Avian influenza (Bird flu) is an infectious disease of birds, caused by an Influenza Type A virus. Pigs sometimes also carry the virus. In birds, the infection can cause symptoms ranging from mild illness to death. Waterfowl (e.g. wild ducks) are the natural hosts of the virus and they are usually more resistant to infection. However, in other birds, particularly domestic poultry such as chickens and turkeys, fatal epidemics of the disease can spread quickly.
l How does it spread?
The virus is present in the secretions and droppings of infected birds. They excrete large amounts of the virus in their droppings, which can contaminate food, soil and drinking water.
The virus can spread by mechanical means (e.g. on contaminated bodies, equipment, vehicles, cages, food and clothing) and can survive in the environment for some time.
Susceptible birds become infected when they inhale contaminated airborne particles or ingest the virus (e.g. by eating food contaminated with an infected birds droppings).
One gram of contaminated manure can contain enough virus to infect a million birds.
l Can it infect people?
Although avian influenza does not normally affect humans, some have become infected and some have died as a result. The main route of infection is considered to be through direct contact with infected poultry or through contact with surfaces contaminated by their faeces (e.g. surfaces used to slaughter poultry or prepare them for cooking).
Scientists have been monitoring avian influenza subtype H5N1 since 1997, when it caused the death of six people in Hong Kong. Since then, H5N1 has killed people in several countries.
Thefirst suspected cases of person-to-person transmission occurred in February 2004. So far, the ability of avian influenza to spread from person to person seems limited.
However, there is great concern that the virus could mutate or combine with a human influenza virus to form a new pandemic flu virus that spreads rapidly from person to person.
Since humans would have no immunity against this new virus, it could quickly spread around the world with devastating effects.
In humans, the H5N1 strain of avian influenza responsible for the recent outbreaks has caused effects ranging from typical flu-like symptoms (e.g. fever, cough, sore throat, muscle aches) to eye infections, pneumonia, acute respiratory distress, and in others, life-threatening complications and death.
l How can we control it?
Quarantining farms and destroying infected birds helps prevent spread to other farms and birds.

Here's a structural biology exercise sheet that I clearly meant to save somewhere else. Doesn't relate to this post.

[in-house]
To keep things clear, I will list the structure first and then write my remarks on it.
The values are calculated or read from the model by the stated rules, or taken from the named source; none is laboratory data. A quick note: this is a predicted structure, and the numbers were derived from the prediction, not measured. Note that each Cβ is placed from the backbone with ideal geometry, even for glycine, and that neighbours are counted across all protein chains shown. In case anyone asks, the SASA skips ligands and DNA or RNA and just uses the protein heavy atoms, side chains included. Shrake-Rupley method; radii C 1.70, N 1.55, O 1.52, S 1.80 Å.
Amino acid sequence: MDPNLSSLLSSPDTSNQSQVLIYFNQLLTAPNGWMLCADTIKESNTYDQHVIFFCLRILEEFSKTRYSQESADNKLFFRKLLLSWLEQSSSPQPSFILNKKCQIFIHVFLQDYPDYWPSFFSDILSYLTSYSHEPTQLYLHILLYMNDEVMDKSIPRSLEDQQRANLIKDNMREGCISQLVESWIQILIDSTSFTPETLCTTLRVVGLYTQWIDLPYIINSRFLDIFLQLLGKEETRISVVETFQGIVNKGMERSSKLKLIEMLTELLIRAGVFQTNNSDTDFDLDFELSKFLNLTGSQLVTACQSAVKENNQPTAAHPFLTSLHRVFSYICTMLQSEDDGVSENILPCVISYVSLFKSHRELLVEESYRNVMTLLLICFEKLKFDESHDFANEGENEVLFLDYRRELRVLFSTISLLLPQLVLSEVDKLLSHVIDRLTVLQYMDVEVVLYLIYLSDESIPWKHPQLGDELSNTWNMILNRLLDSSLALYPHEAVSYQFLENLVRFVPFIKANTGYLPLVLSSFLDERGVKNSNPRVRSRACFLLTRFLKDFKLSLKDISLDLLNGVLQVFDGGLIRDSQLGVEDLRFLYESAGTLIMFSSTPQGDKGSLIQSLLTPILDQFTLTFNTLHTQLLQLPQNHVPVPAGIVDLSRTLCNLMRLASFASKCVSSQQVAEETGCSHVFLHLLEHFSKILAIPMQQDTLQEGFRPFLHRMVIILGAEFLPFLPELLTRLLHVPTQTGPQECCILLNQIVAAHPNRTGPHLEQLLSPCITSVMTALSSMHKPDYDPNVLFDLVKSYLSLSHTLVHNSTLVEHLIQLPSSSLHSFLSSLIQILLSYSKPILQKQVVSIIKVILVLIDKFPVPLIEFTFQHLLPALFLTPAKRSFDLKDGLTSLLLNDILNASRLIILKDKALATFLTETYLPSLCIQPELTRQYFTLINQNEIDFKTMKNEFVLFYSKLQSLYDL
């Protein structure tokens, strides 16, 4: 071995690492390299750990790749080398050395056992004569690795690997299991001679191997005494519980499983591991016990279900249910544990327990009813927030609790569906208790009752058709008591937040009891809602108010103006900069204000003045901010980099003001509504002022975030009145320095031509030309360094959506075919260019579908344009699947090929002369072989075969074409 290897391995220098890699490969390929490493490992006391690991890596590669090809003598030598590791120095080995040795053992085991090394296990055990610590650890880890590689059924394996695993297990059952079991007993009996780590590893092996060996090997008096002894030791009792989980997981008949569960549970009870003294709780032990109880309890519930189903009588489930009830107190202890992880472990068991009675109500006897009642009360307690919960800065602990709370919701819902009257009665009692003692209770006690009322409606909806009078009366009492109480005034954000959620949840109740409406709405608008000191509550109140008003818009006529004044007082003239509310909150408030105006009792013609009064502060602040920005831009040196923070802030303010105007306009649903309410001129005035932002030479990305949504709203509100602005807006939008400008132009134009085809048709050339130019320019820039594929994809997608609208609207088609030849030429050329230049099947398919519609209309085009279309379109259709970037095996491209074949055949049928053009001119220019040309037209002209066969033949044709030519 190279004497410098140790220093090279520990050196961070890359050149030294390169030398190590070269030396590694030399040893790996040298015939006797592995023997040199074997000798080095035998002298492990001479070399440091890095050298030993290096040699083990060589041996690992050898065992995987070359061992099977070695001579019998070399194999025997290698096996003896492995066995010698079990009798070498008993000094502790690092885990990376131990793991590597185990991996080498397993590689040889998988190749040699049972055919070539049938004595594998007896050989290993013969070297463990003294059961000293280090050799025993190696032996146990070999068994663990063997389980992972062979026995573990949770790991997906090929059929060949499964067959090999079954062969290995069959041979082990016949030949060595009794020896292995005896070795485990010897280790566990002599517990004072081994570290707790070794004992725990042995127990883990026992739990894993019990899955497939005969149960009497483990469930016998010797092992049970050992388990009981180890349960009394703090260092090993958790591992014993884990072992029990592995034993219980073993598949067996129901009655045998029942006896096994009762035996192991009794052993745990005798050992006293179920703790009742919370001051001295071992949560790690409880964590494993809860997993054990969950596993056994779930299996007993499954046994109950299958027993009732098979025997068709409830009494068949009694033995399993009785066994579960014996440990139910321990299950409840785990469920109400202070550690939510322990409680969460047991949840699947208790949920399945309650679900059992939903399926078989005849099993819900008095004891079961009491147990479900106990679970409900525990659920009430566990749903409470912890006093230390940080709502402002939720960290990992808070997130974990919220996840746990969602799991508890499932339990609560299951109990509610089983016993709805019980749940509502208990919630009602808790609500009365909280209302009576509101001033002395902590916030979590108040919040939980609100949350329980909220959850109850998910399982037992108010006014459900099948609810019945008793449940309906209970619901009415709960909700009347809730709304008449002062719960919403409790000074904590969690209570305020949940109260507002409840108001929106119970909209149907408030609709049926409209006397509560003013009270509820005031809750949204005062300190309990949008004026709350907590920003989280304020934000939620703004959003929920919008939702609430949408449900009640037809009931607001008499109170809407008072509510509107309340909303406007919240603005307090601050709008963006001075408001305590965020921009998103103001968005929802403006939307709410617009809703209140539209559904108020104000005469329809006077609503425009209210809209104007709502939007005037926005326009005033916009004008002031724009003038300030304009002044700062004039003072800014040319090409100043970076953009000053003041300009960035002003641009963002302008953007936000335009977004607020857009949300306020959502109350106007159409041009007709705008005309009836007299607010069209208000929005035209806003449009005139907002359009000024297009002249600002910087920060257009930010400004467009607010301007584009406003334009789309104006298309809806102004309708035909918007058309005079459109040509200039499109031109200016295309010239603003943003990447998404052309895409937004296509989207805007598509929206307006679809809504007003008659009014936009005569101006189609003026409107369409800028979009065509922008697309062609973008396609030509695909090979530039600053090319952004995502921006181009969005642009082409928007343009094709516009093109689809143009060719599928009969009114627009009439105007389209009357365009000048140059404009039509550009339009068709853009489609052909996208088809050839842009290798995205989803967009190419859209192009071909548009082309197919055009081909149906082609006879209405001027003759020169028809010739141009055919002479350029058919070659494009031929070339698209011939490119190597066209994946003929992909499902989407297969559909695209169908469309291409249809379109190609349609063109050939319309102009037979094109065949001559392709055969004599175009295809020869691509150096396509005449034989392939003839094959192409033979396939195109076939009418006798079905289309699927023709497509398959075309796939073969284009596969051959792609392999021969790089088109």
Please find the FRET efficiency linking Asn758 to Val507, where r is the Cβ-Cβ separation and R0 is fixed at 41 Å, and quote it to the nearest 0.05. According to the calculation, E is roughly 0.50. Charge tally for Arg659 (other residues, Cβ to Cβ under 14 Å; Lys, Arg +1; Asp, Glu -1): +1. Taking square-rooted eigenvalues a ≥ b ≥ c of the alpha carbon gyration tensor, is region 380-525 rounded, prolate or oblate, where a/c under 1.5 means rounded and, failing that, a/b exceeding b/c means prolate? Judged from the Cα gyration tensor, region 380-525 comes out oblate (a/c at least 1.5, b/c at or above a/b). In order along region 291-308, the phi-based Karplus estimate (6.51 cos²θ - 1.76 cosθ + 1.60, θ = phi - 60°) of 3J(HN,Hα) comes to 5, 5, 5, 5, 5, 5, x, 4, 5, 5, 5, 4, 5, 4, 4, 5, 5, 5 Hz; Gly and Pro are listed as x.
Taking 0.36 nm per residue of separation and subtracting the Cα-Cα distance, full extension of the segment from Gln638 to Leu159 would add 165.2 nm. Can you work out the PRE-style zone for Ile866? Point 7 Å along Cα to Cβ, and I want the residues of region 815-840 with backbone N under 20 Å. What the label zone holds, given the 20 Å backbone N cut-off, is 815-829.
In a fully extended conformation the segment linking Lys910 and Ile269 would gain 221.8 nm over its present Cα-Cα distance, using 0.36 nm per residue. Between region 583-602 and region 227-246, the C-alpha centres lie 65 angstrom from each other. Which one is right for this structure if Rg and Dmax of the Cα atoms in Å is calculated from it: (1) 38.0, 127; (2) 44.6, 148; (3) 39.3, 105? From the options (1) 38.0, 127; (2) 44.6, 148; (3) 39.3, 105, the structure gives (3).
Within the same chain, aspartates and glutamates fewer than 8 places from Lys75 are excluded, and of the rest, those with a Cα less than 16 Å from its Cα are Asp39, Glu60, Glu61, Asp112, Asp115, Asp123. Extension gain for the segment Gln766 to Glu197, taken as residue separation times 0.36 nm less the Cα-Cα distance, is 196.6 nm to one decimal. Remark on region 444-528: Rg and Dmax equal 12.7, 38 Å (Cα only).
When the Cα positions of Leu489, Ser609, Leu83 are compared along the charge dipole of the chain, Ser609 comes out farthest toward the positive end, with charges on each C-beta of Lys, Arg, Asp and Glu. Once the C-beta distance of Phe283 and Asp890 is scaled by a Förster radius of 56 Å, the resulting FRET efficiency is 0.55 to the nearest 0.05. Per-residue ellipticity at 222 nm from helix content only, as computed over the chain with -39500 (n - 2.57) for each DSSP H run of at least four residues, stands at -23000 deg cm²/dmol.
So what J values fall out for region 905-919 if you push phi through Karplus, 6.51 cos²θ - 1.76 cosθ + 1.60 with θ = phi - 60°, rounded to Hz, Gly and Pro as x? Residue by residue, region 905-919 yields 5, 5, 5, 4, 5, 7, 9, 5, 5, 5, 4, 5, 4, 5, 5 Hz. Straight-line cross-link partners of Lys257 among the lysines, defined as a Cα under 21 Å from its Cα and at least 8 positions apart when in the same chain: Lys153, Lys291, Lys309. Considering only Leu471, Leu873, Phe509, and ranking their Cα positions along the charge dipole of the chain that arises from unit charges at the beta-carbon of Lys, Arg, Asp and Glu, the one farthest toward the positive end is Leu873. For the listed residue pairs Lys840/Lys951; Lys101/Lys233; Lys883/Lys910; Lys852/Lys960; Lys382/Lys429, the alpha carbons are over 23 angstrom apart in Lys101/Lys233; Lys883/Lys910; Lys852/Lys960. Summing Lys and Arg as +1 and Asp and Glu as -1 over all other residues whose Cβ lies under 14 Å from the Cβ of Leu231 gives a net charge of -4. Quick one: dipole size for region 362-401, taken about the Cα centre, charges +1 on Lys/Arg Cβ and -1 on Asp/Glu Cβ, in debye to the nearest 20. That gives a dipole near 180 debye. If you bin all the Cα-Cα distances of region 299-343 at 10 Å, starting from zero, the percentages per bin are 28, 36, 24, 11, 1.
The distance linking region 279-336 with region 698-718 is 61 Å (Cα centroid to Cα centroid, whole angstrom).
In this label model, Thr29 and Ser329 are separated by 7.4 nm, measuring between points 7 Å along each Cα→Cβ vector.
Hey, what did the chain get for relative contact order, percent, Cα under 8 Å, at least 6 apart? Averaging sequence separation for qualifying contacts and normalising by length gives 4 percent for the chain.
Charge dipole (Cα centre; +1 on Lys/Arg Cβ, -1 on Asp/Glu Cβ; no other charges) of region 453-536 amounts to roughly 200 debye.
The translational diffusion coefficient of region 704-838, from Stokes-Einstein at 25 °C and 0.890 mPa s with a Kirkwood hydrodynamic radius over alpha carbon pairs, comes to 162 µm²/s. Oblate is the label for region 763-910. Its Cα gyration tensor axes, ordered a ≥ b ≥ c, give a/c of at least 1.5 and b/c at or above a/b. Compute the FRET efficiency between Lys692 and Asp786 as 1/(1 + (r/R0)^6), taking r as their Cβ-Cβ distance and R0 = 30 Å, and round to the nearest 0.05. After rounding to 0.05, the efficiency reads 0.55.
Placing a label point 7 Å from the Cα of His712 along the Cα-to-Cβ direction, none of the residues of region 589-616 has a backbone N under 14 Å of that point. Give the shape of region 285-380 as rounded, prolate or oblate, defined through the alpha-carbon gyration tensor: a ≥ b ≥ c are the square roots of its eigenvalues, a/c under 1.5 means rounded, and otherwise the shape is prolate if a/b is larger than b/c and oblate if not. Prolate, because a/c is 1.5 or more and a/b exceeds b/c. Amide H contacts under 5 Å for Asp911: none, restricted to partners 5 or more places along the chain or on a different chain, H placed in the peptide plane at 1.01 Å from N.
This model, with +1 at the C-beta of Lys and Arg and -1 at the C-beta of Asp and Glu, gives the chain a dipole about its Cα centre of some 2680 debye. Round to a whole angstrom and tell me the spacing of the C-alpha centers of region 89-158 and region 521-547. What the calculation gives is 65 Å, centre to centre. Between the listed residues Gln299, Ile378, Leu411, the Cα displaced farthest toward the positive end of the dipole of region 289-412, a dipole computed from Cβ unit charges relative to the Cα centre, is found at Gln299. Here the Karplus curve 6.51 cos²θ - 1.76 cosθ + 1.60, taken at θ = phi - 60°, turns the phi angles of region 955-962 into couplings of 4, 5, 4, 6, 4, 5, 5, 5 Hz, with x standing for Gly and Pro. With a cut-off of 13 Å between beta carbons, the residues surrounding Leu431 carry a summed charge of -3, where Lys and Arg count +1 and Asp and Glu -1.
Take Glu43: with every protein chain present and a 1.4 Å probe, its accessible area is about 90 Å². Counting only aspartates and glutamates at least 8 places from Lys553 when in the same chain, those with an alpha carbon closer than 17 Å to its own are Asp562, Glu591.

Since the virus can live for a long time in the environment, stringent hygiene is necessary to prevent transmission via equipment and surfaces contaminated with body fluids from infected birds.
Rapid culling of infected birds can help avert an epidemic, but workers must protect themselves with protective clothing and dispose of carcasses carefully.
When outbreaks of avian influenza occur, you should avoid contact with infected birds and avoid settings where the disease is likely to spread, such as bird markets and poultry yards.
l Protecting yourself
Good hygiene is one way that you can help protect yourself and your family from a wide range of infections. If a flu pandemic occurs, good hygiene will be essential.
If an outbreak of avian influenza or pandemic flu occurs, local health authorities and the World
HealthOrganisation will issue specific infection control advice. This advice should be strictly followed.
Thorough and frequent hand washing is an important method of preventing infections. Washing your hands with soap and water removes germs from your skin and helps reduce the risk of disease.
Always wash your hands after using the toilet, before handling food and especially after handling birds, poultry and eggs.
To reduce the risk of germs spreading through respiratory secretions, cover your mouth and nose with a paper tissue when coughing or sneezing. Put used tissues in the bin and wash your hands after contact with respiratory secretions.
Food and kitchen hygiene
Cooking destroys germs, but you need to cook your food thoroughly (especially poultry). Avoid cross-contamination by;
* keeping raw food away from cooked and ready to eat food
* using a separate chopping board and knife for raw foods
* cleaning and disinfecting surfaces used to prepare food (especially poultry) immediately before and after use.
Surfaces that you often touch (e.g. taps and toilet flushes) are hotspots for germs, so disinfect them frequently. If a surface is contaminated with body fluids (e.g. nasal secretions, faeces), disinfect it immediately to stop germs spreading.
l Dettol and avian influenza
In laboratory tests,Dettol Liquid inactivates more than 99.9% of the H5N1 virus. Dettol Liquid and many other Dettol products have also been shown to inactivate H1N1, a closely related strain.
We believe that using Dettol products to wash hands and disinfect surfaces should help to reduce the transmission of avian flu via surface contact.
In the event of an outbreak however, it is important that you follow your health authority's recommendations.